Happy Trails, Part 162: Back to ‘hot and humid’

My wife and I are still in the midst of a wonderful journey through life. Nearly 48 years of marriage have taken us from Portland, Ore., to Beaumont, Texas, to Amarillo, Texas, and now to Princeton, Texas.

We’ve traveled a good bit, seen all but three of our United States and a good bit of the rest of the world.

Our final stop in Princeton, though, is reacquainting us with an aspect of our journey that we didn’t experience in our previous stop.

Humid heat is back in our lives.

We ventured from Portland to Beaumont in 1984, where we learned all about humidity; although I did live for a time in some sticky weather in Vietnam back in the day … but I digress. Take my word for it: You haven’t lived until you’ve gone through a Texas Gulf Coast summer with its requisite stifling heat and equally stifling humidity. I can speak only for myself, so I will: I did not ever totally embrace the humidity down yonder; I merely learned to expect it.

Then we ventured to the Texas Panhandle in early 1995. We spent 23 years there. The heat was the same as it was in the Golden Triangle. The humidity, though, was vastly different. Which is to say it’s the hackneyed “dry heat.” We broke an all-time record in Amarillo one summer when the temperature hit 111 degrees. But when the sun set at the end of that day, the temperature — as it does normally — fell to comfortable levels.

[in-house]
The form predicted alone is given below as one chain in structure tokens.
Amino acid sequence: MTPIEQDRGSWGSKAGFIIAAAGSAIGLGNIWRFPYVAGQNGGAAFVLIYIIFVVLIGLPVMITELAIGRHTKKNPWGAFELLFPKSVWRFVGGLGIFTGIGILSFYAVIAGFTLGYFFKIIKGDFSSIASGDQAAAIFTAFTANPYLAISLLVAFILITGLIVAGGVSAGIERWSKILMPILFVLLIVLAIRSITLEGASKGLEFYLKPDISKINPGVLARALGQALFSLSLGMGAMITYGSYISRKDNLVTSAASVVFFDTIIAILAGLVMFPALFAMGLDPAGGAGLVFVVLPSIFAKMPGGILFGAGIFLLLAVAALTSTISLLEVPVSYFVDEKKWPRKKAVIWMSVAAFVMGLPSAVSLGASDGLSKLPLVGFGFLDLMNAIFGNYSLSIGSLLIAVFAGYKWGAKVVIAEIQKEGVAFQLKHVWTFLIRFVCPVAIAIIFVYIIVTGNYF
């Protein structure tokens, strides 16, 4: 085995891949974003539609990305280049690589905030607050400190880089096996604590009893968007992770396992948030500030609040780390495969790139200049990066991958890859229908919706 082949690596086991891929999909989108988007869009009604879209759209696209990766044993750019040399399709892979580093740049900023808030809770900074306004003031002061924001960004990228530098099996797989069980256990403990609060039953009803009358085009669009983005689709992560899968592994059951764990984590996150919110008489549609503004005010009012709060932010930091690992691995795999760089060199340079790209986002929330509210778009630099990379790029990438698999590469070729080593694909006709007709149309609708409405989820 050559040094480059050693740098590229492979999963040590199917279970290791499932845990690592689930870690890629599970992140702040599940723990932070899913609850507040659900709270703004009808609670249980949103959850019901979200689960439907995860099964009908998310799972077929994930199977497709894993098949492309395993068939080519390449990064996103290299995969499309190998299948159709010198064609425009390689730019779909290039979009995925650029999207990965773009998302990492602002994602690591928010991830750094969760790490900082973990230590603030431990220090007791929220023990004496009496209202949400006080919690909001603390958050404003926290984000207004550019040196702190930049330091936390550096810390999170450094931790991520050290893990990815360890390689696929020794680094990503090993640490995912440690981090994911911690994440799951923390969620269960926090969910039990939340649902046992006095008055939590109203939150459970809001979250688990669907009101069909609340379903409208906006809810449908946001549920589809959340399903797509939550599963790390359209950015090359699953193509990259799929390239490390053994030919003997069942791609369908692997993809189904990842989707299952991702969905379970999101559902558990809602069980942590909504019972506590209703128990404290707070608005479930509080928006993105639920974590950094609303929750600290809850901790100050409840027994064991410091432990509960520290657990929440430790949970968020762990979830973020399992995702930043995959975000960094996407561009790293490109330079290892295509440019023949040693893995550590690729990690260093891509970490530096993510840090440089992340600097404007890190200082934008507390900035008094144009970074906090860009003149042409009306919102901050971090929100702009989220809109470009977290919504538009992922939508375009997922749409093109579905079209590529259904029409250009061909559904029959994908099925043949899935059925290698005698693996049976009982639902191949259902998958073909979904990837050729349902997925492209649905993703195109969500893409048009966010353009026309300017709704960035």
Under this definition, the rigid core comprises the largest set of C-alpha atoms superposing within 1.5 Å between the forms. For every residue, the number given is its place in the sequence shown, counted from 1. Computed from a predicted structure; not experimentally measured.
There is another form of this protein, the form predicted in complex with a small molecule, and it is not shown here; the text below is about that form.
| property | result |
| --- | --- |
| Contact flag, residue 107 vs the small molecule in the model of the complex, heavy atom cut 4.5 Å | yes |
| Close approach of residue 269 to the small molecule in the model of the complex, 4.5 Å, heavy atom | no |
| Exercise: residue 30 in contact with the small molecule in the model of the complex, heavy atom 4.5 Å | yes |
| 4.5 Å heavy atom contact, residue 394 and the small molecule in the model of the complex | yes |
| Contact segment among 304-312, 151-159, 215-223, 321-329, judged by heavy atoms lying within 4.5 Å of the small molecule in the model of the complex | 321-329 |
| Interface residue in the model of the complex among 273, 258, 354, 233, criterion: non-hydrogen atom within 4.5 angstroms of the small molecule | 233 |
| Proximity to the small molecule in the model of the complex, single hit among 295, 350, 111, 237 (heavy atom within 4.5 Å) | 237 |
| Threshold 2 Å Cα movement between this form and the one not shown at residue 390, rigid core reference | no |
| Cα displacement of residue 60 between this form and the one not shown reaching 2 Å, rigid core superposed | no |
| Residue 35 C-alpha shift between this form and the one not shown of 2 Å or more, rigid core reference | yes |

We grew quite used to that sort of high-altitude heat, given that Amarillo is perched atop the Caprock at nearly 3,700 feet above sea level.

Oh, but now it’s different.

We’ve migrated back to the “more humid zone” in the Dallas/Fort Worth Metroplex. It’s been blazing hot the past few days. Many more of those days are coming along this summer. And you can bet your sweaty armpits, the humidity has been brutal.

Has it been as rough as it is on the Gulf Coast? Hah! Nope. It is humid enough for me to gripe about it from time to time.

I’ve already boasted about my adaptability. I won’t belabor that point. I do plan to adapt to this new/old climate in Princeton. Hey, we lived in the Golden Triangle, for criminy sakes! This final stint — for the duration — ought to be a piece of cake.

2 thoughts on “Happy Trails, Part 162: Back to ‘hot and humid’”

  1. Last week the humidity in Amarillo was 96%. By comparison, the Amazon Rain Forest averages between 77% to 88% humidity.

Leave a Reply